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gimbals

[ jim-buhlz, gim- ]
/ ˈdʒɪm bəlz, ˈgɪm- /
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noun (used with a singular verb)
Sometimes gimbal. a contrivance, consisting of a ring or base on an axis, that permits an object, as a ship's compass, mounted in or on it to tilt freely in any direction, in effect suspending the object so that it will remain horizontal even when its support is tipped.
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Also called gimbal ring .

Origin of gimbals

First recorded in 1570–80; alteration of gimmal
Dictionary.com Unabridged Based on the Random House Unabridged Dictionary, © Random House, Inc. 2021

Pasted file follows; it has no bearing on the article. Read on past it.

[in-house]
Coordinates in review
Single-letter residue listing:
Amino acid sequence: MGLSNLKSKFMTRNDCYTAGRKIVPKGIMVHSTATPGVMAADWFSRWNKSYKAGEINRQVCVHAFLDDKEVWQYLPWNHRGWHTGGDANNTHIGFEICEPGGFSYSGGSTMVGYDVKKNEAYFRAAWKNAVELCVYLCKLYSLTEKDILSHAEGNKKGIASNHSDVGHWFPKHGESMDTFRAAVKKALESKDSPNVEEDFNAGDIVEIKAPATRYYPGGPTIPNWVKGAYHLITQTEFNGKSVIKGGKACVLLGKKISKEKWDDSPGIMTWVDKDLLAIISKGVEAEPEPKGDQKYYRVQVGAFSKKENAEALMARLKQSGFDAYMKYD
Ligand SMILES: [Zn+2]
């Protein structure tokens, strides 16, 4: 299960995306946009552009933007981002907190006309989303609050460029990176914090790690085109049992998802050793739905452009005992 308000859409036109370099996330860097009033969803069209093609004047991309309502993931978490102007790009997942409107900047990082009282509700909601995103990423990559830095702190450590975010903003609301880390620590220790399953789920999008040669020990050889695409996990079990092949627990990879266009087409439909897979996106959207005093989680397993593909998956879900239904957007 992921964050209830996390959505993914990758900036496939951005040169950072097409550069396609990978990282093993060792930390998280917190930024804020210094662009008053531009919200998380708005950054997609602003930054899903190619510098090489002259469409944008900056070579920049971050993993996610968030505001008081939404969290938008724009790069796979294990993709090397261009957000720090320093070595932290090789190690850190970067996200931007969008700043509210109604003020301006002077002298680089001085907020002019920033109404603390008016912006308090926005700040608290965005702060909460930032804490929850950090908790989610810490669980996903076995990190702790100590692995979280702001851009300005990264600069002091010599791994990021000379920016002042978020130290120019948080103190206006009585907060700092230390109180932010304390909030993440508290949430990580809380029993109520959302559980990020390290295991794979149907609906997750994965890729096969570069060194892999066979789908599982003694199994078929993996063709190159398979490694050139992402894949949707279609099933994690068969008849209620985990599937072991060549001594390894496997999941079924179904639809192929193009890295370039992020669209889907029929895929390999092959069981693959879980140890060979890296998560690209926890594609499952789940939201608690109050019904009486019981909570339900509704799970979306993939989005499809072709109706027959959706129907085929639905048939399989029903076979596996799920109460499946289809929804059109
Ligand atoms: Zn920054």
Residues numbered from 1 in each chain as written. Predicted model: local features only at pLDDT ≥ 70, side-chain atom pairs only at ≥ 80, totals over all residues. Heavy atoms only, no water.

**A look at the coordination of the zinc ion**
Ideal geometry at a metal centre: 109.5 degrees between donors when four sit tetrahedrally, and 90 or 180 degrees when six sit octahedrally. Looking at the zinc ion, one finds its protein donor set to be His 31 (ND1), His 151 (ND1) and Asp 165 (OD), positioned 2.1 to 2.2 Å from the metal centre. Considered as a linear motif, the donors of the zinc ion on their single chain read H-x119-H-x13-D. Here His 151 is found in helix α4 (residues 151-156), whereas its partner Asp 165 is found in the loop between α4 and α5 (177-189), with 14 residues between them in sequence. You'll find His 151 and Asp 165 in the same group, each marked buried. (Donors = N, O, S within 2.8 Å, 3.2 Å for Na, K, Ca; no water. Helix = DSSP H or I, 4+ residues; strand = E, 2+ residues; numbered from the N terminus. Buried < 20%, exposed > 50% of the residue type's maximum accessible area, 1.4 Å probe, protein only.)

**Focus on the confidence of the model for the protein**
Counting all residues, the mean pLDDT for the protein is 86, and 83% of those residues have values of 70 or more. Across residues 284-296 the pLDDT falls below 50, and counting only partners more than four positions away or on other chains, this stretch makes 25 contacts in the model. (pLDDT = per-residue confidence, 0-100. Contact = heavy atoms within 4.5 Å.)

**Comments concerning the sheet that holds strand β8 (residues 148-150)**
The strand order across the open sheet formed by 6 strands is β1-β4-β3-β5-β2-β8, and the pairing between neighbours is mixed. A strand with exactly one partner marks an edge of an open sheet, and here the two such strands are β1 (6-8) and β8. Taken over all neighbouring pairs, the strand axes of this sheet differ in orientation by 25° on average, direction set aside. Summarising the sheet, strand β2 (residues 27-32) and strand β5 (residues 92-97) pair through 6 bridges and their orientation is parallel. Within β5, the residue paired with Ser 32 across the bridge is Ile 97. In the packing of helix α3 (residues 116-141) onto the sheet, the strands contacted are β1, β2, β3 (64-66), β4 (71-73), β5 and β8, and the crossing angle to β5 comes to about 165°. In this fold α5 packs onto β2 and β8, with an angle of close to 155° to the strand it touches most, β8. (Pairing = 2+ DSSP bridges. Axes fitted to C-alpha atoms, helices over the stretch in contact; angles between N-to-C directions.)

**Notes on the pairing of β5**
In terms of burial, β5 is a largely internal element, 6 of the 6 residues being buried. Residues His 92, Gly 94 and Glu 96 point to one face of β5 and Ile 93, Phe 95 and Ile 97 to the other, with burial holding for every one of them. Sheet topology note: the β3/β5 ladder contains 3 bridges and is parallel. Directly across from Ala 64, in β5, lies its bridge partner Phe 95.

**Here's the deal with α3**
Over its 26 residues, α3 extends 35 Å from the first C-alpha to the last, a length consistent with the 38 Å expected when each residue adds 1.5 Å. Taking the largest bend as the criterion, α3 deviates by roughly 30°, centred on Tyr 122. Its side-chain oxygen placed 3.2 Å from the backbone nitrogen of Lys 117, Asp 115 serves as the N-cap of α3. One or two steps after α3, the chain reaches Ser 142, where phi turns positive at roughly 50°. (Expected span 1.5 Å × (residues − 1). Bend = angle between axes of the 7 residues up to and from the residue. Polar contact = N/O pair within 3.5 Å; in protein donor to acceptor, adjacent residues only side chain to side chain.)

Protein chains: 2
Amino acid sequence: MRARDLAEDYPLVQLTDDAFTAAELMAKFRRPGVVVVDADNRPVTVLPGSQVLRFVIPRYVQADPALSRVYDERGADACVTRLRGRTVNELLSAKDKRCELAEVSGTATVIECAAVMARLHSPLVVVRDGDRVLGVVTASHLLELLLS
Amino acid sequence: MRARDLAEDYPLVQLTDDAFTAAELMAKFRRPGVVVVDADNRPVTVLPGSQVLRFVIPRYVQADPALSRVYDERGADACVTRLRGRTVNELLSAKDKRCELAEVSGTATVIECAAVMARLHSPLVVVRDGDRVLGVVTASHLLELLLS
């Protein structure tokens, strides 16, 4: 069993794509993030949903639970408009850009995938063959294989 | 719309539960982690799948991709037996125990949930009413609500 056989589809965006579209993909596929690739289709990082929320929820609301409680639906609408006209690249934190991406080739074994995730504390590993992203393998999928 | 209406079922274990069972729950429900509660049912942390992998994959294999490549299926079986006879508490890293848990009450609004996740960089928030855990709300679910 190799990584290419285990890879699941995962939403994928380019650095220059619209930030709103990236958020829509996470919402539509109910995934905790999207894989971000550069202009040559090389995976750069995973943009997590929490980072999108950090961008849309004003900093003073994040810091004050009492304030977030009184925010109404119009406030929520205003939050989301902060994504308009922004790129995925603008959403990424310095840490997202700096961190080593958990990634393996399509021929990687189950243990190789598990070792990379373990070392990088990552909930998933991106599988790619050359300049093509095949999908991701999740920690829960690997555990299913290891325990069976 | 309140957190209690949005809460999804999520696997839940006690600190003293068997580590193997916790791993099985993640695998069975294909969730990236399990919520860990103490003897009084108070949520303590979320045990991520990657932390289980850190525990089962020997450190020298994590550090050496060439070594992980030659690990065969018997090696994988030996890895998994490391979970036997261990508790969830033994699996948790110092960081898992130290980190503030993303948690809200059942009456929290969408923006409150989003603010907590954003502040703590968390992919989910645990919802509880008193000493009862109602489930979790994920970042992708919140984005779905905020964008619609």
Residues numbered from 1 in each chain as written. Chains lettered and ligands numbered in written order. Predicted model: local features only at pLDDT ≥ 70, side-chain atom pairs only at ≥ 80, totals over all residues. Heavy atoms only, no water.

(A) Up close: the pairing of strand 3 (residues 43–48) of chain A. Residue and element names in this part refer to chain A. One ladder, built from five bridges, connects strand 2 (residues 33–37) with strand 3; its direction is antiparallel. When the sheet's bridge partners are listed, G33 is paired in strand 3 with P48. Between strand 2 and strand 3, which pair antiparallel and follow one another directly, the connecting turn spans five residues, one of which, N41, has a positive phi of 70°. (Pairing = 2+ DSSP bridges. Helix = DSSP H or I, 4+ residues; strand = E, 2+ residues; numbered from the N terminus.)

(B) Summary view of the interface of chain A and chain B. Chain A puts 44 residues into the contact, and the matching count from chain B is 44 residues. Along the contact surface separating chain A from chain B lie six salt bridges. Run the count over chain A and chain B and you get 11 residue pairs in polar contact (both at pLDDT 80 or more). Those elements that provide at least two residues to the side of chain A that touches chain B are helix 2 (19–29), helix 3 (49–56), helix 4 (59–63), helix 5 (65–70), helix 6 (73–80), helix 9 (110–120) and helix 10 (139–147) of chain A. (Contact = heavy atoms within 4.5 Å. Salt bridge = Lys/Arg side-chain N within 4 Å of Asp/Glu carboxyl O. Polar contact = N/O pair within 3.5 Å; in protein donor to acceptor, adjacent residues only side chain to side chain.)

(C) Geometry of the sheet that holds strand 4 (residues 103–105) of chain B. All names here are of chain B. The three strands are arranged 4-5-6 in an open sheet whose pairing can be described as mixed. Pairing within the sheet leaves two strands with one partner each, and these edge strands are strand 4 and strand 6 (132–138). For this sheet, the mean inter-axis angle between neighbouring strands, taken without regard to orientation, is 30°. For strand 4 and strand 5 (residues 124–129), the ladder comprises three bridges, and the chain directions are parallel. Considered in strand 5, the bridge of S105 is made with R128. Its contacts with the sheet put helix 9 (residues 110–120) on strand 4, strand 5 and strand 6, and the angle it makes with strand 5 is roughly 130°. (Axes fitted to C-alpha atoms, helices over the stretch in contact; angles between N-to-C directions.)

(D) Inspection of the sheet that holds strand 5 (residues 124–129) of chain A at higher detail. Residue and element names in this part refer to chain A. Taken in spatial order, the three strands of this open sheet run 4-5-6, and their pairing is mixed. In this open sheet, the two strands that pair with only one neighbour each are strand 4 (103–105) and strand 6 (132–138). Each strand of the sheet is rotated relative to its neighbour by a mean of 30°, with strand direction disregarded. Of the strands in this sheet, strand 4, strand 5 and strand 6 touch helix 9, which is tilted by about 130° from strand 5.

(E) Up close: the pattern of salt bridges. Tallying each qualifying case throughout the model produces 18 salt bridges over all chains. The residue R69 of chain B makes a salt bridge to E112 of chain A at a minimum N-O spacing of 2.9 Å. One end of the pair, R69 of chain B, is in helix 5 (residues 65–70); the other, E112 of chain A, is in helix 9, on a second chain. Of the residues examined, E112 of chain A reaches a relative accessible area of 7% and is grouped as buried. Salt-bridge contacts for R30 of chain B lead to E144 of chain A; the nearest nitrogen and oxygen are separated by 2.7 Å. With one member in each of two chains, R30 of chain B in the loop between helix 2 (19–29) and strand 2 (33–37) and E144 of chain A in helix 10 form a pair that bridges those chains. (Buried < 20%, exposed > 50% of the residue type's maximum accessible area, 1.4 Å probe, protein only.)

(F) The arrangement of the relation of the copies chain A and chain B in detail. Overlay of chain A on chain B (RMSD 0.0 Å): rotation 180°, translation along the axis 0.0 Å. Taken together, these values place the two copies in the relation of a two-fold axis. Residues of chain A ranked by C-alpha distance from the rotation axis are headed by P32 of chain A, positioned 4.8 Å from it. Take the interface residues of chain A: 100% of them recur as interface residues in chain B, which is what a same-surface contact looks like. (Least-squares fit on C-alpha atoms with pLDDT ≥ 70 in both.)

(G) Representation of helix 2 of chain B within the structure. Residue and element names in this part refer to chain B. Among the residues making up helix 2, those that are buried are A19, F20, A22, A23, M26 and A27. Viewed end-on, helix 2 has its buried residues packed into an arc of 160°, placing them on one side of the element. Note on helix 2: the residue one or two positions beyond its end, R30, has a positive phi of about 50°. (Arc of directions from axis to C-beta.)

How to use gimbals in a sentence

British Dictionary definitions for gimbals

gimbals
/ (ˈdʒɪmbəlz, ˈɡɪm-) /

pl n
a device, consisting of two or three pivoted rings at right angles to each other, that provides free suspension in all planes for an object such as a gyroscope, compass, chronometer, etcAlso called: gimbal ring

Word Origin for gimbals

C16: variant of earlier gimmal finger ring, from Old French gemel, from Latin gemellus, diminutive of geminus twin
Collins English Dictionary - Complete & Unabridged 2012 Digital Edition © William Collins Sons & Co. Ltd. 1979, 1986 © HarperCollins Publishers 1998, 2000, 2003, 2005, 2006, 2007, 2009, 2012
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